In the fourth stage of the Vega VV17 rocket, some electrical connections were wrong, the control system did not detect it and the launch failed, and the two satellites it carried were lost. As confirmed by the European Space Agency (ESA), this was the sequence that led to its poor fate.
On November 17, ESA and Arianespace announced the loss of the Vega VV17 mission. The rocket carried two payloads: the Spanish SEOSAT-Ingenio Earth Observation Satellite and the French TARANIS.
The first three stages performed well until the fourth or higher stage opened. AVUM (attitude and cursor upper module) Eight minutes after takeoff. By then, the trajectory had degraded, and then lost control of the rocket, and finally lost control of the entire mission.
A preliminary investigation using available data immediately after launch has identified issues related to system integration Thrust Vector Control (TVC) AVUM is the most likely cause of failure and has been confirmed by ESA freed.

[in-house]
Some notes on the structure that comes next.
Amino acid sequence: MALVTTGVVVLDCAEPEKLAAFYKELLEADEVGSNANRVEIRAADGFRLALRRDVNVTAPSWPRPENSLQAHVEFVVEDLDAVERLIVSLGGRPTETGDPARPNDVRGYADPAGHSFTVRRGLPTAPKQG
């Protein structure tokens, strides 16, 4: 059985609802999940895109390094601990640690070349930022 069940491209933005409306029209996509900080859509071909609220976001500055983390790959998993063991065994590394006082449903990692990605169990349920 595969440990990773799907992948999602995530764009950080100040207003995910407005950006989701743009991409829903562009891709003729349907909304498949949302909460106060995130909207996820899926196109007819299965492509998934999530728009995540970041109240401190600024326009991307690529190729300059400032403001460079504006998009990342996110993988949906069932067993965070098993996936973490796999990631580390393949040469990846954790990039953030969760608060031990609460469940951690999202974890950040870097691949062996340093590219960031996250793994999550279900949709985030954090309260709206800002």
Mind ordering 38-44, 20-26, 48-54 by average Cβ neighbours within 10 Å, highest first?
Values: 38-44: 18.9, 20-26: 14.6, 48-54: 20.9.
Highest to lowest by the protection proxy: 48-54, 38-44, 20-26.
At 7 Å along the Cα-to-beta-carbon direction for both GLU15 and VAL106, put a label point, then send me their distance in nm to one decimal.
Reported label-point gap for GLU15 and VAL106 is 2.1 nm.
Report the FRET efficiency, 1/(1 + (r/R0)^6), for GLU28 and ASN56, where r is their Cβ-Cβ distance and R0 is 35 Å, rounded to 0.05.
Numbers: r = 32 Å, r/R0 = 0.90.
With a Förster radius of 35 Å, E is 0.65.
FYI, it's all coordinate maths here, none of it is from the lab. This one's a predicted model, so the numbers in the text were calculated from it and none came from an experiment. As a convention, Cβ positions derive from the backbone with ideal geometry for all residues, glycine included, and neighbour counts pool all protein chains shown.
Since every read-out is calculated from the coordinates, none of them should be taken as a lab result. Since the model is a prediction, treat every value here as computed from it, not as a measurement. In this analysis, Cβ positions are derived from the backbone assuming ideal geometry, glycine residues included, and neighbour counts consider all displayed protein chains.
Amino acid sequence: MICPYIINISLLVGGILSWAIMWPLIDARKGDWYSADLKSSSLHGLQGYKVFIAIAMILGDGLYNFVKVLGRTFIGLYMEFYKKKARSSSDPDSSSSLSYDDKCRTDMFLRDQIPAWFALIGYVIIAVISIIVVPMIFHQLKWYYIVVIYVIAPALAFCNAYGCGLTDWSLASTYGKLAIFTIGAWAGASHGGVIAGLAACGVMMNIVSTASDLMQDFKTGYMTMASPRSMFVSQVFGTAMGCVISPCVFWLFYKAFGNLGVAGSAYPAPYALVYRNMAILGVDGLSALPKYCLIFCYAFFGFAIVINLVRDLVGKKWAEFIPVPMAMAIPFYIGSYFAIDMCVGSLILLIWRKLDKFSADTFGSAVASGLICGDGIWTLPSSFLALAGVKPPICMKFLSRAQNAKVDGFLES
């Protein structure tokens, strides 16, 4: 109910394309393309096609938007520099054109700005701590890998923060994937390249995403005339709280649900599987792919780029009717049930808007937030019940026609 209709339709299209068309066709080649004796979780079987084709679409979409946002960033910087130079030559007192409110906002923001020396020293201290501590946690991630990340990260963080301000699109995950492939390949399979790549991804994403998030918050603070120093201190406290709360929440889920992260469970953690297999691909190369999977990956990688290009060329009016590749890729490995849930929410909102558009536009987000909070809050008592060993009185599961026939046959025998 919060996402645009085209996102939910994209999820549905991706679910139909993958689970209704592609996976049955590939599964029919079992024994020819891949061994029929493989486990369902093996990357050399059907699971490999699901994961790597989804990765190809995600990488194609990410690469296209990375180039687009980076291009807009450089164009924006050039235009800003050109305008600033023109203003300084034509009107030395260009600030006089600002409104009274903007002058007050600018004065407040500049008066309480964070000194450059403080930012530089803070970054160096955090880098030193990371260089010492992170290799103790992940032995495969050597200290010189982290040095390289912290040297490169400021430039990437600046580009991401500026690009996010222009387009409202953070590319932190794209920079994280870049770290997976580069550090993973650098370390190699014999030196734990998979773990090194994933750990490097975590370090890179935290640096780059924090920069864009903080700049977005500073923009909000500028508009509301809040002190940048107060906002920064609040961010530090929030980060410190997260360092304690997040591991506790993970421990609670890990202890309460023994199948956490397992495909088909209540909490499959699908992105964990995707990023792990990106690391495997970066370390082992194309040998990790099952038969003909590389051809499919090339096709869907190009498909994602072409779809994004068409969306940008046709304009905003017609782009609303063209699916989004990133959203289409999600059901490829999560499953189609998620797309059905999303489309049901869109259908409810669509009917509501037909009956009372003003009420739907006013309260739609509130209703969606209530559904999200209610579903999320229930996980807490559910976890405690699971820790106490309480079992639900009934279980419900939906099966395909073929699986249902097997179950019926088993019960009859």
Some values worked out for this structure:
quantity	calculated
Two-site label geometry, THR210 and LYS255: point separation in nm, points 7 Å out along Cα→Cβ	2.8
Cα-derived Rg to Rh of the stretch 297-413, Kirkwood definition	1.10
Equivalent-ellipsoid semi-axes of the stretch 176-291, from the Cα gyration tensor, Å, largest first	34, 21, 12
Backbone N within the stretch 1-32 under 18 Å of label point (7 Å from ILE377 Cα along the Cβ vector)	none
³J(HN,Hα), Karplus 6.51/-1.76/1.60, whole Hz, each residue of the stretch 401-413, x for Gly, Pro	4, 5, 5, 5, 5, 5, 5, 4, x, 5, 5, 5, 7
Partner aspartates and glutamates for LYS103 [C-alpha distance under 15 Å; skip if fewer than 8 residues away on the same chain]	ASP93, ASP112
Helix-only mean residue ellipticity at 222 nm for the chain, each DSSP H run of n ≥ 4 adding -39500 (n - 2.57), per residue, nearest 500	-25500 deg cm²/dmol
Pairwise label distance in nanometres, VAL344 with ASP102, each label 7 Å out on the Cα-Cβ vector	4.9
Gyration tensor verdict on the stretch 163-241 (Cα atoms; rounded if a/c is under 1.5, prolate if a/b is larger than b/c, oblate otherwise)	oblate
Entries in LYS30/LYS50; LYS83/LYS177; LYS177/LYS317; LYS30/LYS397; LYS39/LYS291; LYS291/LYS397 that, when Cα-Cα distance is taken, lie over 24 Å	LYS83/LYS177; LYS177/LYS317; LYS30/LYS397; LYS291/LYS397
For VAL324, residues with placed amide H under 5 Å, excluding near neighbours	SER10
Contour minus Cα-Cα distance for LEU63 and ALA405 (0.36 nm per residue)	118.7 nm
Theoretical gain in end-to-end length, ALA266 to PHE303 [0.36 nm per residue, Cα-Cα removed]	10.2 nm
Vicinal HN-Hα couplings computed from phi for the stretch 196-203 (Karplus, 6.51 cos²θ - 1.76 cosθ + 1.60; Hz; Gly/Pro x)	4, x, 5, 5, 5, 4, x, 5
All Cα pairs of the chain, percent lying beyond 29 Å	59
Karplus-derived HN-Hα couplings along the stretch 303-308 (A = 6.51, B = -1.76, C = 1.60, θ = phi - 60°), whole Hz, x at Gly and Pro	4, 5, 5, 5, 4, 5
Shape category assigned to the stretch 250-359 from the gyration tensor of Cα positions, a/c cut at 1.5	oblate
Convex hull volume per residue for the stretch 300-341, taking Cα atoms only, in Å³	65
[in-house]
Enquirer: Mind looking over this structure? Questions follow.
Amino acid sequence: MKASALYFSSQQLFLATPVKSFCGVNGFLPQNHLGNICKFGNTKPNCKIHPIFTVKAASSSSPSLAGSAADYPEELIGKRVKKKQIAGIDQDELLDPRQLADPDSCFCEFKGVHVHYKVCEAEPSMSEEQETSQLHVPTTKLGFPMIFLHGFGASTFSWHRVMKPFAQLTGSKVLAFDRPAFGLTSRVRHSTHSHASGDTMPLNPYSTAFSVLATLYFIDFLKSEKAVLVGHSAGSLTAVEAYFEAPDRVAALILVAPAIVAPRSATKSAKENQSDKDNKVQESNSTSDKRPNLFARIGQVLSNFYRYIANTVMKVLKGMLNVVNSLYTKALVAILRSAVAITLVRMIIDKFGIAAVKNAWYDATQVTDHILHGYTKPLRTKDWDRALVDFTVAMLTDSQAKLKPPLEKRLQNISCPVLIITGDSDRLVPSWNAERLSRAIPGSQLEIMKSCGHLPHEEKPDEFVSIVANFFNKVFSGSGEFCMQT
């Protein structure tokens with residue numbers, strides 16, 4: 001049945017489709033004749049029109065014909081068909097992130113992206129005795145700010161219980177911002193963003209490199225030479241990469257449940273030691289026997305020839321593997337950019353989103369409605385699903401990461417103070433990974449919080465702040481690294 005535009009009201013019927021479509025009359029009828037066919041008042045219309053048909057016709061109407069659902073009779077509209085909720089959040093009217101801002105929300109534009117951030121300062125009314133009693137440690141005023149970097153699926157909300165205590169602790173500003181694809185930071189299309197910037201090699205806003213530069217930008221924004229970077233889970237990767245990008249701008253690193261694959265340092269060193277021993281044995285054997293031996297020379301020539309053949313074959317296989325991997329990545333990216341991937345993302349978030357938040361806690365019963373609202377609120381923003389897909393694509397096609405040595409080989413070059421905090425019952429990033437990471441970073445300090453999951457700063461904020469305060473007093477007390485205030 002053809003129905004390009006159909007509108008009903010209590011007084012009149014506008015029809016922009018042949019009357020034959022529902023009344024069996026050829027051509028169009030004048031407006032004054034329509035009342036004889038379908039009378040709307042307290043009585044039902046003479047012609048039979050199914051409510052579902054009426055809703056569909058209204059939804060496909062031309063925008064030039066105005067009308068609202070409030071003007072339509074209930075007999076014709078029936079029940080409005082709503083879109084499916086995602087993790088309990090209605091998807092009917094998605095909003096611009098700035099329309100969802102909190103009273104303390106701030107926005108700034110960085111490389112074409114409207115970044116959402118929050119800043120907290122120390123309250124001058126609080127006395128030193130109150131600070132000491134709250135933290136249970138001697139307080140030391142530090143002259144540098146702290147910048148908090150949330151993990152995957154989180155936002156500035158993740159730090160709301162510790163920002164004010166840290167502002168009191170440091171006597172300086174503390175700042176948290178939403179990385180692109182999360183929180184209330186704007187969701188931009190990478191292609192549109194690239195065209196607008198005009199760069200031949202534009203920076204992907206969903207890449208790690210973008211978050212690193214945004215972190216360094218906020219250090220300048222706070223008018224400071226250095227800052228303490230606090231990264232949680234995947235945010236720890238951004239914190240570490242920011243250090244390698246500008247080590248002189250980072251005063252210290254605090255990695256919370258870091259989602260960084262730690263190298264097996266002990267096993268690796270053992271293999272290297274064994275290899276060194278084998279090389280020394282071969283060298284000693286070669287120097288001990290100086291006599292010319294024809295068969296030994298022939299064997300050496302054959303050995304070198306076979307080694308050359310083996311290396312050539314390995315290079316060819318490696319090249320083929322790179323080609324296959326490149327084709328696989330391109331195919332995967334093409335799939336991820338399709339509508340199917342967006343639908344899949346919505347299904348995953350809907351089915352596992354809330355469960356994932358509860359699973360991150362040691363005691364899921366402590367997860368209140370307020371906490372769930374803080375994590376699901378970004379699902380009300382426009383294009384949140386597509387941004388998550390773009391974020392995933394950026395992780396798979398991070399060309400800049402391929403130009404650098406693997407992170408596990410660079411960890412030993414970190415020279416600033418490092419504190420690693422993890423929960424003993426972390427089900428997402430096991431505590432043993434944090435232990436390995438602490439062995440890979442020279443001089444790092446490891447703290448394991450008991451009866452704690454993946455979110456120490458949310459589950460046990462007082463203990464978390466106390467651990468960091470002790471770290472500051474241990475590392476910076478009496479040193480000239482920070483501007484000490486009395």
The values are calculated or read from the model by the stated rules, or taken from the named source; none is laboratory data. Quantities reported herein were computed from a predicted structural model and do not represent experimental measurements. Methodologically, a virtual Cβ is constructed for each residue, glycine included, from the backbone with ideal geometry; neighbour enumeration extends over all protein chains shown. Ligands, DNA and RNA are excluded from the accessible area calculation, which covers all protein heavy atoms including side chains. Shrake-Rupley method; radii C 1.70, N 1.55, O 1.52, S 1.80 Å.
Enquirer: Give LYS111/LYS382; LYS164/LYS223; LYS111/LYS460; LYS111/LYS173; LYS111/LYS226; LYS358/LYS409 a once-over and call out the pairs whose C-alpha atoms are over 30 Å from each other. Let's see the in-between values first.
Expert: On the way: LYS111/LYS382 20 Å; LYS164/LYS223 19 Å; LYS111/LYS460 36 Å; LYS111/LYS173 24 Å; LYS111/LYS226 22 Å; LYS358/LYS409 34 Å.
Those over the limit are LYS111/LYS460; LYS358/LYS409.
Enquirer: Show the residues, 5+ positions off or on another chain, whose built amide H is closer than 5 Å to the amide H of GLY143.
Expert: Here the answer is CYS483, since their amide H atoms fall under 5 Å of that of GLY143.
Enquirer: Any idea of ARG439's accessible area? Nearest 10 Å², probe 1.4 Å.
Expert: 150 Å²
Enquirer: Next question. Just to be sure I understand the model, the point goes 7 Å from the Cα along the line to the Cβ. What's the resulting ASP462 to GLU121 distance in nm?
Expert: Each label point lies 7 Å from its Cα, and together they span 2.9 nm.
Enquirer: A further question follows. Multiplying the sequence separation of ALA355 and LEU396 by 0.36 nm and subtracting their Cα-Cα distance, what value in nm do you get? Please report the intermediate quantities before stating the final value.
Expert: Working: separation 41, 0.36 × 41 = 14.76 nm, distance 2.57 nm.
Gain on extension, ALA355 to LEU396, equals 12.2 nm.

Launch service provider Arianespace and the European Space Agency itself have established a Independent Investigation Committee (IEC), The report has released a report on the cause of the accident.
The IEC concluded that the failure of the VV17 was not due to design issues, but “vehicle loss due to incorrect wiring and connection of the control lines of the TVC electromechanical actuators, reverse steering commands and trajectory degradation.
The sequence that led to the disaster
The detailed sequence is as follows: “The misleading integration procedure led to the inversion of the electrical connection. Although different controls and tests were carried out between the integration of the AVUM superior and the final acceptance of the transmitter, the specific requirements and regulations were still not detected. Inconsistency between controls”.
IEC also proposed recommend Immediately and permanently ensure safety, quickly return to launch operations, and ensure long-term confidence in European launchers.
The initial improvements include additional inspections and tests on the next two Vega launchers, the hardware of which is already in production.
Some suggestions were also made to further ease the Vega assembly line in Italy (the main contractor ( Avio), and the final acceptance in French Guiana.
Launch service provider Arianespace and launch system development agency ESA will be responsible for oversight. These agencies will maintain the new Vega rocket that will be launched. VV18, Scheduled The first quarter of 2021.